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Homework Help: Time dependent hamiltonian

  1. Dec 8, 2013 #1
    Consider the attached exercise. I am having some trouble understanding exactly what time dependent hamiltonian it refers to. Because from the equation it refers to it seems that the hamiltonian is by definition time independent. Am I to assume that the H diagonal is a time independent hamiltonian which is perturbed by a time dependent potential V(t) or am I to assume that it wants the time evolution in the Heissenberg picture where for an operator:
    A(t) = exp(iHt)Aexp(-iHt) (1)
    Because then I can just expand the operators a_dagger, a in time and recover (1). But that would hold also for a non diagonalized hamiltonian.
    Can anyone explain to me the difference between H(t) and H in this case and why it is not always just given by the formula I am to prove for a diagonalized H - it seems intuitive for me that the time evolution of H should follow the time evolution of a_dagger and a.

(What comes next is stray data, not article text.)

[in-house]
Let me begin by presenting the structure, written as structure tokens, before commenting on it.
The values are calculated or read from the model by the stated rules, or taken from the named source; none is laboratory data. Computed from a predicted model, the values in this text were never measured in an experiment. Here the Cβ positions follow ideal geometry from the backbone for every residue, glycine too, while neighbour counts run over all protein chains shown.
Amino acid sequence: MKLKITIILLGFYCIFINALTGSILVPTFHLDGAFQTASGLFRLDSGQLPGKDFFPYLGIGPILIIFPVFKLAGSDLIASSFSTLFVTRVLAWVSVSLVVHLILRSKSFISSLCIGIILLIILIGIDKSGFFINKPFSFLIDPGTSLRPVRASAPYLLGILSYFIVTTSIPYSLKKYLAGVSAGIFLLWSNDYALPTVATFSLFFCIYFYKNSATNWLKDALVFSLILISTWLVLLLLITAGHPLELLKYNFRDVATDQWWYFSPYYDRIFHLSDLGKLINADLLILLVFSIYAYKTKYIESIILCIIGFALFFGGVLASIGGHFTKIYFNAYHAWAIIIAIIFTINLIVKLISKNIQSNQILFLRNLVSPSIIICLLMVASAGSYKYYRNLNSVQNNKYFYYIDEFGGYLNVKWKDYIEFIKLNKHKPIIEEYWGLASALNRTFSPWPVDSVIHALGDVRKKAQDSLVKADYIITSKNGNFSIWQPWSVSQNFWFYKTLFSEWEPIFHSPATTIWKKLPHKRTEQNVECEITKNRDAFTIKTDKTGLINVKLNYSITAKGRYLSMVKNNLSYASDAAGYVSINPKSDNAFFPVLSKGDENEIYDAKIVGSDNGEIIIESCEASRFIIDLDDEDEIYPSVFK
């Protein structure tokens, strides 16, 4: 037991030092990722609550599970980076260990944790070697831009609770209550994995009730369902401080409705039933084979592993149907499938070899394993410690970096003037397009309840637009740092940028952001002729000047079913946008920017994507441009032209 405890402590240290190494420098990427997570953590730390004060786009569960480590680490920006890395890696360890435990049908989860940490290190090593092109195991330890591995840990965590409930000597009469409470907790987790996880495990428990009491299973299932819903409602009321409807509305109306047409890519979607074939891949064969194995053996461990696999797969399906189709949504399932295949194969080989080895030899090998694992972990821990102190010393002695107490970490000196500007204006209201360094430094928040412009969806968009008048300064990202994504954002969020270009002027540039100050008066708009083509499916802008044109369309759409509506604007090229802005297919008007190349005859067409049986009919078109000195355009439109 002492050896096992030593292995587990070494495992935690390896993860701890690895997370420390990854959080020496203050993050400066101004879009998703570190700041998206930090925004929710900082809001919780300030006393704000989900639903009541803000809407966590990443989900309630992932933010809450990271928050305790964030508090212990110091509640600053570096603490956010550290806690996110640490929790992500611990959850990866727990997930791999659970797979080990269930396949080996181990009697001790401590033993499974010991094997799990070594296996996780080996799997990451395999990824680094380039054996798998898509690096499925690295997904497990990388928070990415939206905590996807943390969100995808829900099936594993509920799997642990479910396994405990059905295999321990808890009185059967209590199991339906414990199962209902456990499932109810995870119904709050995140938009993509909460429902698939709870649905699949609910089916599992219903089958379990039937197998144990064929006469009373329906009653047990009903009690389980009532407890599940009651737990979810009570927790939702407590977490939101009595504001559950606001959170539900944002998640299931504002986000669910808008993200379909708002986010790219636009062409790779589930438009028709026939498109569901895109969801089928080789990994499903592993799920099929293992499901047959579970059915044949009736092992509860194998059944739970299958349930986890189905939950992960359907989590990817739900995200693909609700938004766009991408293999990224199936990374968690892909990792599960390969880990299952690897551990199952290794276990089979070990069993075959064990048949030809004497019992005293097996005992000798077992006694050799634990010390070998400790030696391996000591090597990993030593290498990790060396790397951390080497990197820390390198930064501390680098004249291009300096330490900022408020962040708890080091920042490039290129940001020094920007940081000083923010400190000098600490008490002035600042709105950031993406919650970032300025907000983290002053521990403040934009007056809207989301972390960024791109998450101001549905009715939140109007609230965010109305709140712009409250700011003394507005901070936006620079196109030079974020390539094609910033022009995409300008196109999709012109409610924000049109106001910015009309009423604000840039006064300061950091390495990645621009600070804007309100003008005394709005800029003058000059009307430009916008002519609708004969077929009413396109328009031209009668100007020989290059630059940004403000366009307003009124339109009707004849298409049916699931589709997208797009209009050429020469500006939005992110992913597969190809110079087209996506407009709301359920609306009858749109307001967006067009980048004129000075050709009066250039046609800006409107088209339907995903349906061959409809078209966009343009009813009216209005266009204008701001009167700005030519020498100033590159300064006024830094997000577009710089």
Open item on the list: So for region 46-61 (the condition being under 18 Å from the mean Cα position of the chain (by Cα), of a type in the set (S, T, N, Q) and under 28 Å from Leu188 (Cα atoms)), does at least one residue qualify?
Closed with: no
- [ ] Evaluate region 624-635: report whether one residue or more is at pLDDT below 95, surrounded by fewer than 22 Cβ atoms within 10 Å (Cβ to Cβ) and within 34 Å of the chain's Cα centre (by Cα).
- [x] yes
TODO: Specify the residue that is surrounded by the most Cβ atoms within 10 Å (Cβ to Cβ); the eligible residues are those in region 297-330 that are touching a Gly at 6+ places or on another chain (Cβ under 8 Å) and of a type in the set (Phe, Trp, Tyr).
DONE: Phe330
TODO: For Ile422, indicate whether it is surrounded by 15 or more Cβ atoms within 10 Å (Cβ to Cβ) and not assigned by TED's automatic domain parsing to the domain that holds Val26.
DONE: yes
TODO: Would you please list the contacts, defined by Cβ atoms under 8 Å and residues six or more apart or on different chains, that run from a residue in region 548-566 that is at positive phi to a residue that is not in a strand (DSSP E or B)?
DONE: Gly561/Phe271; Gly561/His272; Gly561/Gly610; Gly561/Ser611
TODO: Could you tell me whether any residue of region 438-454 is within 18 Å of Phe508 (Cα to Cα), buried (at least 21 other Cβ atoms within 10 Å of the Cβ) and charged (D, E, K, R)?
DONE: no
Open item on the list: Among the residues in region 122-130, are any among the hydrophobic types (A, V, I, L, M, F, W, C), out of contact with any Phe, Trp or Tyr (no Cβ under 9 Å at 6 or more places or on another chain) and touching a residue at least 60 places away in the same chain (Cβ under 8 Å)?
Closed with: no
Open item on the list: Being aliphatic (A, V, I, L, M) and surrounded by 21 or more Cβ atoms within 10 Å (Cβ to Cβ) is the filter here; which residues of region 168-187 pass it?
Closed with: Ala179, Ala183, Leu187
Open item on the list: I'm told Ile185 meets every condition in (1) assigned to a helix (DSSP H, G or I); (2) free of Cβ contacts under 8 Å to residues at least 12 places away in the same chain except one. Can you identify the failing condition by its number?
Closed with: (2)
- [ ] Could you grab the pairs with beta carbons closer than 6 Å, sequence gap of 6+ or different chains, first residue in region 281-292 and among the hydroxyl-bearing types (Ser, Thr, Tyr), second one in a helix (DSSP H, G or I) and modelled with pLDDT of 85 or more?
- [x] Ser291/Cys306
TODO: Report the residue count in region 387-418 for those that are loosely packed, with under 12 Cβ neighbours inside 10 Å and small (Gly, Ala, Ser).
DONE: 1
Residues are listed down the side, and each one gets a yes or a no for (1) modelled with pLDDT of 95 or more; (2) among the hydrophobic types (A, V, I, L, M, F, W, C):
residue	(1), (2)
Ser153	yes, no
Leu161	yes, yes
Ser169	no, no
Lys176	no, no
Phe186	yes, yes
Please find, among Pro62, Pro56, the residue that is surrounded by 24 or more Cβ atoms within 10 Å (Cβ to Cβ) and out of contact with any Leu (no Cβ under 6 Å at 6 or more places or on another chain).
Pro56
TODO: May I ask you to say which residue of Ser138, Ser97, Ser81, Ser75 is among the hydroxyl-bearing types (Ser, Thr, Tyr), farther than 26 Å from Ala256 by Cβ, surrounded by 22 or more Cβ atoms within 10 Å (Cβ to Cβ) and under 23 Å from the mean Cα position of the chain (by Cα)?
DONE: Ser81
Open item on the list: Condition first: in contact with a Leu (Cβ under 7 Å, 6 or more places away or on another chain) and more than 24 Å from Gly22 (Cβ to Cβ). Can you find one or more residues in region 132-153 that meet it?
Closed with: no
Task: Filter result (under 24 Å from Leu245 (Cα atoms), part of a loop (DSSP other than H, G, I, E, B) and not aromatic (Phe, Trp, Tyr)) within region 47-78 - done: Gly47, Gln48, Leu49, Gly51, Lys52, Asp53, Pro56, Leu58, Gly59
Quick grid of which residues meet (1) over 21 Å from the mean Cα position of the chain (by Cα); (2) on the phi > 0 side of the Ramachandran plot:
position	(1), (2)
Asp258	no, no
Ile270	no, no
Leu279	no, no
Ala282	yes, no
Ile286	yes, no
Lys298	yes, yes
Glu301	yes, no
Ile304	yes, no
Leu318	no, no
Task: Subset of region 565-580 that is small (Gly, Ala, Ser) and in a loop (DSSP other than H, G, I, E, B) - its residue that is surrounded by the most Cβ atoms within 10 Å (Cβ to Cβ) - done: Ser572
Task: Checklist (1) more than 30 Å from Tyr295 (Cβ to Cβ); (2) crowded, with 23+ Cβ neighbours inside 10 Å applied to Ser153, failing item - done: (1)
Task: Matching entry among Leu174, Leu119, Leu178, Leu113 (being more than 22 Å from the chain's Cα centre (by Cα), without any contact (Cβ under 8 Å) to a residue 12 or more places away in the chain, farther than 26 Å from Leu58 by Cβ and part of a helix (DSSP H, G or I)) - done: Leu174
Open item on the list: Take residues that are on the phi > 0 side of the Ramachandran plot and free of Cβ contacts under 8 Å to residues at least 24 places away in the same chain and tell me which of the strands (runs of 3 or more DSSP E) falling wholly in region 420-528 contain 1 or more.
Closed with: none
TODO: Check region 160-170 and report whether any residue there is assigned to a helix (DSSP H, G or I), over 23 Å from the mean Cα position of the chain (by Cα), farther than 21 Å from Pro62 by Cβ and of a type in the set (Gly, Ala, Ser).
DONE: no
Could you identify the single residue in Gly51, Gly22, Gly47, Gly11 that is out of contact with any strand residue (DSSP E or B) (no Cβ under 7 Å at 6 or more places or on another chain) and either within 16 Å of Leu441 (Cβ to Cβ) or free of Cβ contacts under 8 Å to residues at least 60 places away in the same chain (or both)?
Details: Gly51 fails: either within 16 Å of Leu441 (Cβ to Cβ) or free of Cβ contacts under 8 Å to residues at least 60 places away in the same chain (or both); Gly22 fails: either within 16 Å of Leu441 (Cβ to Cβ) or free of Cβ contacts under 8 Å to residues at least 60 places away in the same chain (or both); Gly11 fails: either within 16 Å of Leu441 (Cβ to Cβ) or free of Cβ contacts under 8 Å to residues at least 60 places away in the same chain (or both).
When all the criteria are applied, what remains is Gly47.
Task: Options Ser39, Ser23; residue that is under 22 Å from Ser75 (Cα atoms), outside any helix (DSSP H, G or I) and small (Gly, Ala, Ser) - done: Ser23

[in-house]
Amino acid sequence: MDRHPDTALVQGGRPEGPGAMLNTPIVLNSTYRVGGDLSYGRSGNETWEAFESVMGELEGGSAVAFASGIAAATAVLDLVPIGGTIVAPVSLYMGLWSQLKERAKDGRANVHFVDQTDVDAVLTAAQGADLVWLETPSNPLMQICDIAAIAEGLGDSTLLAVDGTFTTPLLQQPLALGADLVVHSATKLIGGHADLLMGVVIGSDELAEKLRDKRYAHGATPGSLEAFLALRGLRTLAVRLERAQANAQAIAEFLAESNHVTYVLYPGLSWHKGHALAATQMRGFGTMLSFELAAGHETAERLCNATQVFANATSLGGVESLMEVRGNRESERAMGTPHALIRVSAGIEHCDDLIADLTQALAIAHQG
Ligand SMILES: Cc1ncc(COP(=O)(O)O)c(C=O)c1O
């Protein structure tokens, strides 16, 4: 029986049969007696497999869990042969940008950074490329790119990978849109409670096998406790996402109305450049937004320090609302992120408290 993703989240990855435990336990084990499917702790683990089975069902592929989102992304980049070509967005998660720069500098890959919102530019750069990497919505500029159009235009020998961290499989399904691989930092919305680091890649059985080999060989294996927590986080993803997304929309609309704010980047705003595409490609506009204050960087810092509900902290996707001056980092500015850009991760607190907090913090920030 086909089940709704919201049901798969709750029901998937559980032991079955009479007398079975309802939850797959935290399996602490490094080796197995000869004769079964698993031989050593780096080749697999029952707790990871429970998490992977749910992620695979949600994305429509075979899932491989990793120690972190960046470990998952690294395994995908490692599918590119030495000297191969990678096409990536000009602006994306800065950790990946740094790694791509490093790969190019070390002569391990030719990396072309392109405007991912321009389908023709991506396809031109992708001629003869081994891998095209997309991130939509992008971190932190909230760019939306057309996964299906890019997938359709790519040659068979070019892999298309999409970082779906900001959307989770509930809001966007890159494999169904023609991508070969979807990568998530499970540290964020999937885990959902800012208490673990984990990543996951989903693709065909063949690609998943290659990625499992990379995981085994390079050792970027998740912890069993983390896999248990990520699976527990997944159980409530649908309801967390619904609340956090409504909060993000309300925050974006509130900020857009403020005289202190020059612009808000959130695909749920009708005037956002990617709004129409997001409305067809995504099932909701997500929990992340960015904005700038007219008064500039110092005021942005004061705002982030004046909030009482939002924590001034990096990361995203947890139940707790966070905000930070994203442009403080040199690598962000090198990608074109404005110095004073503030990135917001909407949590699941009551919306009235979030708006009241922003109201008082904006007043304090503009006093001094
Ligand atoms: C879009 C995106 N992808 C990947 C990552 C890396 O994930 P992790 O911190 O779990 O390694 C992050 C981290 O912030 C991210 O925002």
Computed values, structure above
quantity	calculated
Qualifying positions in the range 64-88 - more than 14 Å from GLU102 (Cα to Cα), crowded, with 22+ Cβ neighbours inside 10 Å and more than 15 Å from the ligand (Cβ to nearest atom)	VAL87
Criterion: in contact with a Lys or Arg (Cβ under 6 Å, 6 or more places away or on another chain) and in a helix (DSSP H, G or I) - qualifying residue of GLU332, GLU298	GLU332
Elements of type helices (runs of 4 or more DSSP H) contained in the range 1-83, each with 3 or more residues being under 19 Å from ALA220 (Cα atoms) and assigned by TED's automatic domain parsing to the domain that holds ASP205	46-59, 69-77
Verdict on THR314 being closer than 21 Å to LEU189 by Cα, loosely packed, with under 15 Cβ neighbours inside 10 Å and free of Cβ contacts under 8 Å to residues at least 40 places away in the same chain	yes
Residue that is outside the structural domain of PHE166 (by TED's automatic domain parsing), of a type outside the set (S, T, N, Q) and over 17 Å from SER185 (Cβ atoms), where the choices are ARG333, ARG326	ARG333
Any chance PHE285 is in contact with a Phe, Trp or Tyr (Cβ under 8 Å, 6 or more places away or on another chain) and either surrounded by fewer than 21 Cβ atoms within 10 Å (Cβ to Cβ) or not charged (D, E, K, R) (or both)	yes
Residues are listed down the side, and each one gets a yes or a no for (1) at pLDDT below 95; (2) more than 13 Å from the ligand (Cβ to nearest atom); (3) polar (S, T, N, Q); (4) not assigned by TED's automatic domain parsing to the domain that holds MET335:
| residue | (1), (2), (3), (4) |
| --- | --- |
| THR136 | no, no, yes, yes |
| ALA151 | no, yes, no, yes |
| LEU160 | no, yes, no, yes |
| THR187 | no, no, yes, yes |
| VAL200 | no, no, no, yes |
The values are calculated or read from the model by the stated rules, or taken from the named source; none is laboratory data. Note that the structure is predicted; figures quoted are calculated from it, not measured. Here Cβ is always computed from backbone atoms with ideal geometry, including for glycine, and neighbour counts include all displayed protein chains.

Attached Files:

  2. jcsd
  3. Dec 11, 2013 #2


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    Homework Helper

    I think this problem is just meant to show how you can go through the calculation to explicitly show that H is not time dependent in this case. And you are not meant to assume ##a_\nu(t) = \exp(-i\varepsilon_\nu t) a_\nu## from the start. (By the way, I'm guessing the stuff under the red line is the solution to the problem, right?)
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